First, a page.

The Case of the Wedding Cake 🎂

 Photo: Marco Ugarte / AP

Photo: Marco Ugarte / AP

A brief history of cake in CO

In 2012, Charlie Craig and David Mullins, a same-sex couple, attempted to order a custom wedding cake from Masterpiece Cakeshop. Jack Phillips, the owner, declined to take the order claiming that he did not want to endorse same-sex marriages due to his Christian faith. Craig and Mullins sued the bakery for discrimination based on sexual orientation. The Colorado Civil Rights Commission and lower courts ruled in favor of the couple, which resulted in Phillips appealing to the US Supreme Court.

Masterpiece Cakeshop vs. Colorado Civil Rights Commission (CCRC)

On Monday, the US Supreme Court ruled in favor of Masterpiece Cakeshop in a 7-2 ruling. In the majority opinion, Justice Kennedy emphasized that the court had focused its ruling on the individual facts of the case, as well as the CCRC’s treatment of owner Jack Phillips and his religious beliefs.

 



The right agreed with the Supreme Court ruling and pointed out that Jack has refused to create custom cakes in the past for numerous reasons. Furthermore, they claim that Jack’s cakes are an art form that is a constitutionally protected expression. Some outlets focused on the court’s rationale behind the ruling. They highlight that the baker’s religious views were ridiculed by the CCRC, which factored into the court’s decision. They also point out that the court’s ruling indicated that the Colorado state law against discrimination is still valid.

The left is opposed to the Supreme Court ruling and claims that no business should be permitted to discriminate on any grounds. They believe religion is being used as an excuse - as it was during the civil rights era against African Americans. Furthermore, they contend that most Americans support gay marriage and that the issue lies with discriminatory legislation. They cite a 2018 proposal by the Dept. of Health and Human Services that would allow healthcare providers to use their religious beliefs to determine which patients they would treat.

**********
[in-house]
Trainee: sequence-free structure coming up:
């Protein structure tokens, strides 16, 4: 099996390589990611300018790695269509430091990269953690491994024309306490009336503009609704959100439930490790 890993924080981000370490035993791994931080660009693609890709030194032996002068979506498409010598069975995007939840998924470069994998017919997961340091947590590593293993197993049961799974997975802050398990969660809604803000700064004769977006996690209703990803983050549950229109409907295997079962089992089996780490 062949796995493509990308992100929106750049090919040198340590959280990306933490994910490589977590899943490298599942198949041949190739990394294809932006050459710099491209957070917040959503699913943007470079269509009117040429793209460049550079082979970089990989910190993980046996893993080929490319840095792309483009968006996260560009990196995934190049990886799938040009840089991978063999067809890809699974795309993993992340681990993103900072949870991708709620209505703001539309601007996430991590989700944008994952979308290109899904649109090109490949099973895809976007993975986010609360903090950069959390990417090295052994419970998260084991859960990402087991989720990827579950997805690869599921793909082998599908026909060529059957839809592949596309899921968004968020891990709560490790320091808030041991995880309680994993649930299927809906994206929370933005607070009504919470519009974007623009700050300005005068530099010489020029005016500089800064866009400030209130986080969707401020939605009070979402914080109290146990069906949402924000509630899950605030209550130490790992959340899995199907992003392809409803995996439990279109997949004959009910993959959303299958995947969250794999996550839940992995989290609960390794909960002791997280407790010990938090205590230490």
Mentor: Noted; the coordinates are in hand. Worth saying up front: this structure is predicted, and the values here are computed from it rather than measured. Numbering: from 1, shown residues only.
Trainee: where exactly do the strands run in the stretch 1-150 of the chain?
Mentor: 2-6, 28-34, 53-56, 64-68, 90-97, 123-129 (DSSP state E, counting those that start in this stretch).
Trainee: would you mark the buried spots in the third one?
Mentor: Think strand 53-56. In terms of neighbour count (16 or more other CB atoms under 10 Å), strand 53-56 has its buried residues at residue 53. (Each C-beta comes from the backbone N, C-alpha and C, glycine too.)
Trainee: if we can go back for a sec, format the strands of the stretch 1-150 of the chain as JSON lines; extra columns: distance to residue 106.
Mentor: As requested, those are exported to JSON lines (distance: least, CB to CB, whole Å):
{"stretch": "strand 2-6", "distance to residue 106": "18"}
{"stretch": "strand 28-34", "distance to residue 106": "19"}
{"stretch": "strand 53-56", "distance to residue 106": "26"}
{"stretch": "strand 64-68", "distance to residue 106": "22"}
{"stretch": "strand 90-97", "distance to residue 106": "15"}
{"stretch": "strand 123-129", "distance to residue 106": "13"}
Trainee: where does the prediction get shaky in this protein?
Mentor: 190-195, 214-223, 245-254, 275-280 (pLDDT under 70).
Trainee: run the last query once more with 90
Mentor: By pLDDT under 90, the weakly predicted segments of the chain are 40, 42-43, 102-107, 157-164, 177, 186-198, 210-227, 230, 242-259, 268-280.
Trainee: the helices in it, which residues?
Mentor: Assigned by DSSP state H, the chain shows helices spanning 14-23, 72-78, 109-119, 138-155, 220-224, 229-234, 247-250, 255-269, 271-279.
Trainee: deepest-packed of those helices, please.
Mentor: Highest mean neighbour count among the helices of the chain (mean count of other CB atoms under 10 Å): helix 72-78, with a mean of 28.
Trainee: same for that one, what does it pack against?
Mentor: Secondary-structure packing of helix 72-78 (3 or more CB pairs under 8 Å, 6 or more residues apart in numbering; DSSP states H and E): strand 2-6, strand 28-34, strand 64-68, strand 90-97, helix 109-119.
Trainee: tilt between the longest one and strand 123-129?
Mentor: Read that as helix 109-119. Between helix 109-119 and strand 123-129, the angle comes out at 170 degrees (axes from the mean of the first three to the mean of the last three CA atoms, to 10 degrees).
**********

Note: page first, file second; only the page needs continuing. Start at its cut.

Does this ruling heavily impact LGBT rights?

Somewhat, but much less than you think. The reason the court’s 7-2 ruling has been described as “narrow” is due to its limited scope. Justice Kennedy’s majority opinion explains that the rationale behind the court’s ruling focused on the specific circumstances of this case and that Colorado’s anti-discrimination law is still valid. This ruling conveyed two critical points:

  1. In this specific circumstance, wedding cakes are protected forms of expression under the 1st amendment
  2. The CCRC was not impartial towards the baker’s religious views by coercing him to make the cake

It is also important to remember that Jack Phillips only refused to create a custom same-sex wedding cake. He was willing to sell any of the other cakes and various items at his bakery to the couple.

Now go get your slice of cake


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